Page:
23 May 2024

Miss Universe Thailand 2020 Amanda Obdam is not the first beauty queen to fall victim to the Kingdom’s bitter political divide. 

But just like Miss Thailand 2017 Maria Poonlertlarp before her, it seems Amanda has no intention of staying silent in the face of adversity.

“Democracy is a human principle,” Amanda said earlier this week, just after the Mental Health Department officially terminated her status as its mental-health ambassador.

The termination, which took place less than a week after she was appointed, came in response to public complaints about Amanda’s political stance.

A beauty with beliefs 

Amanda is openly committed to democratic values and equality as evidenced by her support for young protesters pushing for democracy and monarchy reform.

Wanting to give back to communities that were devastated by the 2004 tsunami, Amanda volunteered to teach English four years later when she was just 15. As she grew older, she also developed concerns for people battling depression and loneliness.

Last month, she launched the “Have You Listened” campaign to promote care and understanding between people. “The best way to achieve this is by listening with empathy,” she said.

(Photo from Facebook: Amanda Obdam)

Young Amanda 

Born in 1993 to a Thai mother and Dutch-Canadian father, Amanda is fluent in both Thai and English. Her favourite sport is diving since she “feels peaceful” underwater.

She grew up in Phuket before moving to Canada for college, graduating with a first-class honours degree in Business Administration from the University of Toronto.

After returning to Thailand, she became interested in beauty pageants and the strong character of new-era beauty queens.

She entered the Miss Thailand World 2015 competition but was eliminated in the round of 10 finalists. A year later, she earned her first title when she was crowned Miss Grand Phuket 2016. And in a sign of things to come, she was named Miss Rising Star in the Miss Grand Thailand 2016 competition while also bagging Miss Tourism Metropolitan International 2016 in Cambodia.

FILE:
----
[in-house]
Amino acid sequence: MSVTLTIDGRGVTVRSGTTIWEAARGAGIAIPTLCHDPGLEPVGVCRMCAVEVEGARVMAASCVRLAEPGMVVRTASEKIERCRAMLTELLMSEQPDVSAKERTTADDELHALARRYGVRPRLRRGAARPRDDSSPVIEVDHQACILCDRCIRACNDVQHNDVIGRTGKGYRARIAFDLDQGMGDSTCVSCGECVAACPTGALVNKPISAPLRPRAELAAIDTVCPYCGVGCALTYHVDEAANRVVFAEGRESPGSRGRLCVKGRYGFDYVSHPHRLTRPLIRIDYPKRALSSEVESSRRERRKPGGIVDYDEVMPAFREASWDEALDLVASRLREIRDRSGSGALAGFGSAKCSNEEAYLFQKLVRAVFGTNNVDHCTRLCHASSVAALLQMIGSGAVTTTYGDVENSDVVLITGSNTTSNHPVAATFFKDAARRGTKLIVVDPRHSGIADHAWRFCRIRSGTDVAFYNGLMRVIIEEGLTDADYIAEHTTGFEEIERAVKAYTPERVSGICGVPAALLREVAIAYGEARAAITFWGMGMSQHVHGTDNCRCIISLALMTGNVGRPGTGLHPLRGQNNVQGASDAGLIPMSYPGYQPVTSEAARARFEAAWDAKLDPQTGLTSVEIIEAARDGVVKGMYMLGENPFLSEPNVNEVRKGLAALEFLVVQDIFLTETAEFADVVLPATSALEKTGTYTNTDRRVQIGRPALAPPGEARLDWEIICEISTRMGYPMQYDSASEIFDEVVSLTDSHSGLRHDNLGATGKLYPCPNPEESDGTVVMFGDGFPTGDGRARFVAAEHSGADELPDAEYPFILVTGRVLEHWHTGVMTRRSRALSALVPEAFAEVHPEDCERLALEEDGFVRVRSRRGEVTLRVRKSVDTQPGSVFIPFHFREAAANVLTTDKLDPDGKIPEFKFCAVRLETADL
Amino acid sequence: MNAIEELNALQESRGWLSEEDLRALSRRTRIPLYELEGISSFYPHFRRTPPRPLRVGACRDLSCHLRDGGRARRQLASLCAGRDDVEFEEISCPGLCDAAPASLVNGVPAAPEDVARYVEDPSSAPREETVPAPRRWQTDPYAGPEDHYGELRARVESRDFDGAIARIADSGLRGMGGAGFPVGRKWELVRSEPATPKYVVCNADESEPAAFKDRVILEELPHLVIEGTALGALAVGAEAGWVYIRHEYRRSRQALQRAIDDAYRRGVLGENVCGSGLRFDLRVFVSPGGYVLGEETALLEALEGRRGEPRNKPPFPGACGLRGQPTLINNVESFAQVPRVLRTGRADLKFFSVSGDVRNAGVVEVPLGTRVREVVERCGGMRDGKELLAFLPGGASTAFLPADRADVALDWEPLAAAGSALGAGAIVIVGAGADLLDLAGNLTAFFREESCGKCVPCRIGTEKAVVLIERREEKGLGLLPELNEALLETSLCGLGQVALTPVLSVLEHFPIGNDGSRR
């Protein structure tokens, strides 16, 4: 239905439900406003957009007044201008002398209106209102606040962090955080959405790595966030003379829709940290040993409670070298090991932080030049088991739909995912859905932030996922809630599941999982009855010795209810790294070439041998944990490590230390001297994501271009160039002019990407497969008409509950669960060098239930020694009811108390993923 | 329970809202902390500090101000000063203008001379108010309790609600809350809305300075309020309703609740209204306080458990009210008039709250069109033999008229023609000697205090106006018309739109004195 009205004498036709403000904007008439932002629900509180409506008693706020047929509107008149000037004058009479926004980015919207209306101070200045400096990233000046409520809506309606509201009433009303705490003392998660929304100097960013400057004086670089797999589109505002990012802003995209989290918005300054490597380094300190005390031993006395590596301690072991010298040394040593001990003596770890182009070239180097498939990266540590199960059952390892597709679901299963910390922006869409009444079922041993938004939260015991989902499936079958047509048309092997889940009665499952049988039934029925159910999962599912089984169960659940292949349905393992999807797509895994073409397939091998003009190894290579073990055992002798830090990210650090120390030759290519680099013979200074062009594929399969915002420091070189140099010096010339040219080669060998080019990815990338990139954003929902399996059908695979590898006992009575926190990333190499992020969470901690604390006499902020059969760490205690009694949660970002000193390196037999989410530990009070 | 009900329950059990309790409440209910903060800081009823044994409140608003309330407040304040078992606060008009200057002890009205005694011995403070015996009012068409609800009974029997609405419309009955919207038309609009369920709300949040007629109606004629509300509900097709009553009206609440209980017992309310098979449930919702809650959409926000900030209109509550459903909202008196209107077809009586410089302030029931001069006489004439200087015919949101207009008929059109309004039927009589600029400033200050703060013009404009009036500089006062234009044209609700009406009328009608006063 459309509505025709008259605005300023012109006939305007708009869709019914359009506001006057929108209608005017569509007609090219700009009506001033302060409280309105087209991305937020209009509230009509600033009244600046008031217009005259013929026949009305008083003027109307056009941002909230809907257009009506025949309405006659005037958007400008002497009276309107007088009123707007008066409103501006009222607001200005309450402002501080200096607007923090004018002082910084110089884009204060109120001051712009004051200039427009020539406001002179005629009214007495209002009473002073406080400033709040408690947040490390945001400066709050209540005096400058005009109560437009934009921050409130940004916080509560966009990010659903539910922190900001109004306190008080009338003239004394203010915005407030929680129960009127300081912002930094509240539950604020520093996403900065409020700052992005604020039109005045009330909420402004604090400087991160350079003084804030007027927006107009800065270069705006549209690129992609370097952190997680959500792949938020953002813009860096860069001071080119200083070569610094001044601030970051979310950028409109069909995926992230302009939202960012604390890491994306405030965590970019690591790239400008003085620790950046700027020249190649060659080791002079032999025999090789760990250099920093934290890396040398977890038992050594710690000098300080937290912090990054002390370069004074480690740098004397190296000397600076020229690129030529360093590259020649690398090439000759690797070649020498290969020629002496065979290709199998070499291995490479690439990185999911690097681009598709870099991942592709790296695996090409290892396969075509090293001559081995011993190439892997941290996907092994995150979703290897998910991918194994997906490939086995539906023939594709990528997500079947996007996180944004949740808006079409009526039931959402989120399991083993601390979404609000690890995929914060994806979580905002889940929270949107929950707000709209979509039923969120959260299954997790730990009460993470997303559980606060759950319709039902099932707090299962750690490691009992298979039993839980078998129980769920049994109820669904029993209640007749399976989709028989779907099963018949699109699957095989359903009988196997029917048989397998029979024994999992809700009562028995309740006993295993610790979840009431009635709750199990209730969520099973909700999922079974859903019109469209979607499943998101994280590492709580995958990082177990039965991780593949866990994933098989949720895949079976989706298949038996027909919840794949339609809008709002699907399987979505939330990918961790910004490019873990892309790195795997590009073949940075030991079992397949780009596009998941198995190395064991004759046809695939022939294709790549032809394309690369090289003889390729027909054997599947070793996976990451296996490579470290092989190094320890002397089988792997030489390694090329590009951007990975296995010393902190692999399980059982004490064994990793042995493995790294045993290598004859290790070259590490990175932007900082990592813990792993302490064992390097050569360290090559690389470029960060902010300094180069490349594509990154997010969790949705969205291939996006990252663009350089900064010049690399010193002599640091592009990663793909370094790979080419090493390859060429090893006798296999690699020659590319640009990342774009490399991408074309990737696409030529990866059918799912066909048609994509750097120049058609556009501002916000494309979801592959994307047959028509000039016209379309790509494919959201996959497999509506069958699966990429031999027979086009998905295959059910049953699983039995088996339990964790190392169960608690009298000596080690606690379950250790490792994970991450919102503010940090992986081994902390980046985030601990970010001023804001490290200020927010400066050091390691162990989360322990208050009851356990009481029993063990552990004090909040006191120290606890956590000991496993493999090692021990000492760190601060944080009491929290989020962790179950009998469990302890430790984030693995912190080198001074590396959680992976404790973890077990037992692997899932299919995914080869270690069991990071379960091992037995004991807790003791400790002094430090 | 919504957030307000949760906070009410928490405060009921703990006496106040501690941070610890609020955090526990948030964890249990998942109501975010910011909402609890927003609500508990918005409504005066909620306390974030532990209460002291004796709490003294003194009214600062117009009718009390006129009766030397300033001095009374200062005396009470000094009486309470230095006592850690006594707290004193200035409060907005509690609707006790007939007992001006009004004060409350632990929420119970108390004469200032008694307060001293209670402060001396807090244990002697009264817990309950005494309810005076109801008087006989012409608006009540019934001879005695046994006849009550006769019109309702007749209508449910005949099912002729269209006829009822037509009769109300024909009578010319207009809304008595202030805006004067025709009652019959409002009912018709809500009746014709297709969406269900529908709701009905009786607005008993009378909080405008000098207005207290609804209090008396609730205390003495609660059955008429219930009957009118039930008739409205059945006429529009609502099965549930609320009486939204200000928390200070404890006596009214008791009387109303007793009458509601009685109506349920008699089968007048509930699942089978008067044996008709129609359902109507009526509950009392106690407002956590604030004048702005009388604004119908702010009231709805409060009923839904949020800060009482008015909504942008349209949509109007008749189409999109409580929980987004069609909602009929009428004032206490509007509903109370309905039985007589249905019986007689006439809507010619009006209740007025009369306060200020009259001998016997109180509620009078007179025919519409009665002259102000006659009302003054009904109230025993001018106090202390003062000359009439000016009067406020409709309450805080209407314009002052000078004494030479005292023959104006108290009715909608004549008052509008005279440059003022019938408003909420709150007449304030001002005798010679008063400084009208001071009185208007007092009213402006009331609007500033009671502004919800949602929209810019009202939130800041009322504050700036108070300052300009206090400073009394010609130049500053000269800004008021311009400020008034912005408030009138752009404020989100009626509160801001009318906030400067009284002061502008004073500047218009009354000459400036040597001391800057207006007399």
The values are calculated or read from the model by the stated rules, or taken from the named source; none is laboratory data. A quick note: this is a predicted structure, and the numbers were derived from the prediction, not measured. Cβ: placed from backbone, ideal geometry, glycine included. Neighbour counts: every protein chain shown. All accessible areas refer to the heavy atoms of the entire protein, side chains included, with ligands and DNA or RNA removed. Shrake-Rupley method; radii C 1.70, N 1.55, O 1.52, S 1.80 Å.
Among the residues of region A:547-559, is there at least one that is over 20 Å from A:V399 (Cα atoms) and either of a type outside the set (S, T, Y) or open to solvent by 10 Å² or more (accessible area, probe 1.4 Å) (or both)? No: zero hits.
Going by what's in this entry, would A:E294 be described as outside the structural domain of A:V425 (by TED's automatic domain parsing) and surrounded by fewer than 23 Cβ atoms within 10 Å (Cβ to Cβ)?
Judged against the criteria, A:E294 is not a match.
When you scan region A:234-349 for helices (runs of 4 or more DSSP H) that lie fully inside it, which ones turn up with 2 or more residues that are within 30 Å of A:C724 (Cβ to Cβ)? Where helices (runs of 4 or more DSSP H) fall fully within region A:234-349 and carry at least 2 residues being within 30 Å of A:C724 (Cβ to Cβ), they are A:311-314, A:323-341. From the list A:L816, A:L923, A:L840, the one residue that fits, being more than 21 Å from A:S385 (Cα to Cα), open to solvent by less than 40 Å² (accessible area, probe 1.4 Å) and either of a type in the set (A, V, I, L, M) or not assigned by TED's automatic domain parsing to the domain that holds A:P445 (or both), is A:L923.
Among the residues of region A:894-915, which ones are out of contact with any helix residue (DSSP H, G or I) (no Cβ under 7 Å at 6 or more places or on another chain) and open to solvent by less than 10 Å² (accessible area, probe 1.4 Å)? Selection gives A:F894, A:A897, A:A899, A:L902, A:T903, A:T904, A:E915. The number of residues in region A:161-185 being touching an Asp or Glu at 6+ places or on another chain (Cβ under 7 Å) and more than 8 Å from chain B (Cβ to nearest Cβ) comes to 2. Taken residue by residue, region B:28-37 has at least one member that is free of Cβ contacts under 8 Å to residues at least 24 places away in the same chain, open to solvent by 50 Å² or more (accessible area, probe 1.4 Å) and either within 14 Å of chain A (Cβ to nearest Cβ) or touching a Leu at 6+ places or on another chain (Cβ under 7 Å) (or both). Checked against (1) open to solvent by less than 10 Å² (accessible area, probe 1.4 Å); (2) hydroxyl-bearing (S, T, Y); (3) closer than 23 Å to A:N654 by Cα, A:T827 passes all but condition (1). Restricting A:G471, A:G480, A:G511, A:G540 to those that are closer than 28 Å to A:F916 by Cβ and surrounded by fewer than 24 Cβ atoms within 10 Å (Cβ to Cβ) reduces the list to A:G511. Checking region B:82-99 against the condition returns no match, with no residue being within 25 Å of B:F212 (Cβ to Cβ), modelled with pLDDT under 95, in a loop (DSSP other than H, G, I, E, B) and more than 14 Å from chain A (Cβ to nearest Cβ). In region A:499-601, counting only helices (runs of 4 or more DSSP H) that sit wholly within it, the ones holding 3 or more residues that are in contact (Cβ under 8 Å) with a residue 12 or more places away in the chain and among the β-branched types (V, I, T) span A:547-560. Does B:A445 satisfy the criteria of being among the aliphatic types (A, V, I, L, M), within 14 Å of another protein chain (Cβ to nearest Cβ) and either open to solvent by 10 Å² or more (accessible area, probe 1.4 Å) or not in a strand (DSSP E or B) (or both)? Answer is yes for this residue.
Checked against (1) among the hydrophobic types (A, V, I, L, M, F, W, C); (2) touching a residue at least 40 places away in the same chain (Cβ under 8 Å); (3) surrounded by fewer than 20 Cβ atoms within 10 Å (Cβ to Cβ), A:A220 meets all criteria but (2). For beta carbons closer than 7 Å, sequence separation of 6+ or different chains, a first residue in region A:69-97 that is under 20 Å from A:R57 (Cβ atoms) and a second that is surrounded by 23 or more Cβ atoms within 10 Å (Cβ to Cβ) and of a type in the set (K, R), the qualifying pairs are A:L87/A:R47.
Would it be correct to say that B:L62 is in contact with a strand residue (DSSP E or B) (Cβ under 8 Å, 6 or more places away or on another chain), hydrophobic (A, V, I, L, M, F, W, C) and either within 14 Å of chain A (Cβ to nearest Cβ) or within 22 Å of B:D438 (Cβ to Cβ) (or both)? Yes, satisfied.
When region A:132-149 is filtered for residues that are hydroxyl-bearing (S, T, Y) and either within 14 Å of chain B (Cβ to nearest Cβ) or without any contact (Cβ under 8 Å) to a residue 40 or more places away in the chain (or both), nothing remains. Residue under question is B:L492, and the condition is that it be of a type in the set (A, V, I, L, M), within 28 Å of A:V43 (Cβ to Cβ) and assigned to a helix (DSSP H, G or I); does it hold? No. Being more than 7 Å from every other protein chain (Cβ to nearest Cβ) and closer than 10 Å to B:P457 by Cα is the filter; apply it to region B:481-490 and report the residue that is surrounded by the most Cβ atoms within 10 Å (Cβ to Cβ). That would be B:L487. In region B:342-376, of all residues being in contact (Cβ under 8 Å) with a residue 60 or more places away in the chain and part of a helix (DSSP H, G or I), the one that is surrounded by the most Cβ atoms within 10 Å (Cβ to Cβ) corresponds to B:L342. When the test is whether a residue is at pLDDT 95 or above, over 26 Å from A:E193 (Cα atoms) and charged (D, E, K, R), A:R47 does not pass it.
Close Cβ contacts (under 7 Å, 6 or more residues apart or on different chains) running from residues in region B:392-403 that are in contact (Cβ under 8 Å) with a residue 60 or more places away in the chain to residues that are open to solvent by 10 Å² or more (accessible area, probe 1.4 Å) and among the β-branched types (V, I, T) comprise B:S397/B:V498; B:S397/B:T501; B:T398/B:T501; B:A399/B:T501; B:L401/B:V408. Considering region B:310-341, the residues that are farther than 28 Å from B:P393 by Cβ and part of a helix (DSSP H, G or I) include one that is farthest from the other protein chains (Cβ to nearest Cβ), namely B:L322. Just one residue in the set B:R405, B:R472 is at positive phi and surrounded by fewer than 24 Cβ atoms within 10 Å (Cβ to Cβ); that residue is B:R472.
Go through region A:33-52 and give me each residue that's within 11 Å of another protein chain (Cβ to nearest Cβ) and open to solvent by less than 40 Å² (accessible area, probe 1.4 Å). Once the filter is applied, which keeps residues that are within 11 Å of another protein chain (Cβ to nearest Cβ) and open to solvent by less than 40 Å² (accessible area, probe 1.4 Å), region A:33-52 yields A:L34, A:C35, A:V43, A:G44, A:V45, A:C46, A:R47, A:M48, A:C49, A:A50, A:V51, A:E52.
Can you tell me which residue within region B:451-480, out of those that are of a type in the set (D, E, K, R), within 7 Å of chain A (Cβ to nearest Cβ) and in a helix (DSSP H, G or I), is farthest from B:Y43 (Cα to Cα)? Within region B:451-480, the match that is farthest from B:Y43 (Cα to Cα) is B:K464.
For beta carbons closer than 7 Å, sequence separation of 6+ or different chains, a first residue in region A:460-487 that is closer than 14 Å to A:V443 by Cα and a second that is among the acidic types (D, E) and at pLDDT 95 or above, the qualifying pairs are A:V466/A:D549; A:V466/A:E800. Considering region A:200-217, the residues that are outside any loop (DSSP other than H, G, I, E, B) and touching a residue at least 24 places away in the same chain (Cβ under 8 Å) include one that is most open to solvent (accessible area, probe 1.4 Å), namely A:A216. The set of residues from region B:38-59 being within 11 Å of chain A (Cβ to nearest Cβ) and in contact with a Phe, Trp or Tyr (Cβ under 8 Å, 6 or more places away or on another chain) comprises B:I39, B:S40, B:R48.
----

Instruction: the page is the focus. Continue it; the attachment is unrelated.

But last October saw her biggest triumph so far, when she claimed the Miss Universe Thailand 2020 title.

Courting controversy 

Thai celebrities generally prefer to keep their opinions to themselves – especially on politics – to avoid controversy that risks damaging their popularity or commercial appeal.

Of the hundreds of beauty queens in Thailand, only a few have openly taken political sides. Among them is Maria, Miss Thailand 2017. After expressing support for anti-establishment protesters last year, she was hit by a barrage of criticism from opponents of the protests. Companies also cancelled her contracts. But Maria firmly stood her ground, believing people would understand her position better if she continued to speak up.

Amanda has now followed in the footsteps of her fellow beauty queen. After winning the crown, she commented publicly on the political situation and worsening clashes between police and protesters.

“How can we talk about love when there’s still violence on the street?” she asked in a February 14 post accompanied by photos of a man with a green armband lying on the ground amid shield-wielding policemen.

The backlash on social media was almost instant – and sustained. One netizen described Amanda’s attitude as “toxic to the mental health of Thais”.

Any support? 

The haters petitioned the Mental Health Department, which responded by sacking her as its ambassador. Yet, many other Thais have expressed support for Amanda and defended her right to free speech.

Amanda can, however, take comfort from the experience of other celebrities who have declared support for the protests.

Patcharaporn Chantarapadit faced a torrent of abuse when she spoke up for the young anti-establishment protesters after winning Miss Grand Thailand 2020 last September. The insults, which focused on her dark skin, triggered disgust among many Thais who leapt to Patcharaporn’s defence.

Singer-cum-actress Inthira “Sine” Charoenpura endured years of criticism for her progressive stance. But the tide is now changing after she helped fund necessities like food for the current protests, earning popularity as the protesters’ “fairy godmother”.

Still an ambassador for mental health 

Amanda has refused to buckle under the recent blow. Though she is no longer a mental-health ambassador, she continues to promote people’s emotional wellbeing. Just a day after being dumped as mental-health ambassador on Wednesday, she spoke at a session alongside a psychiatrist on the Clubhouse networking app.

By Thai PBS World’s General Desk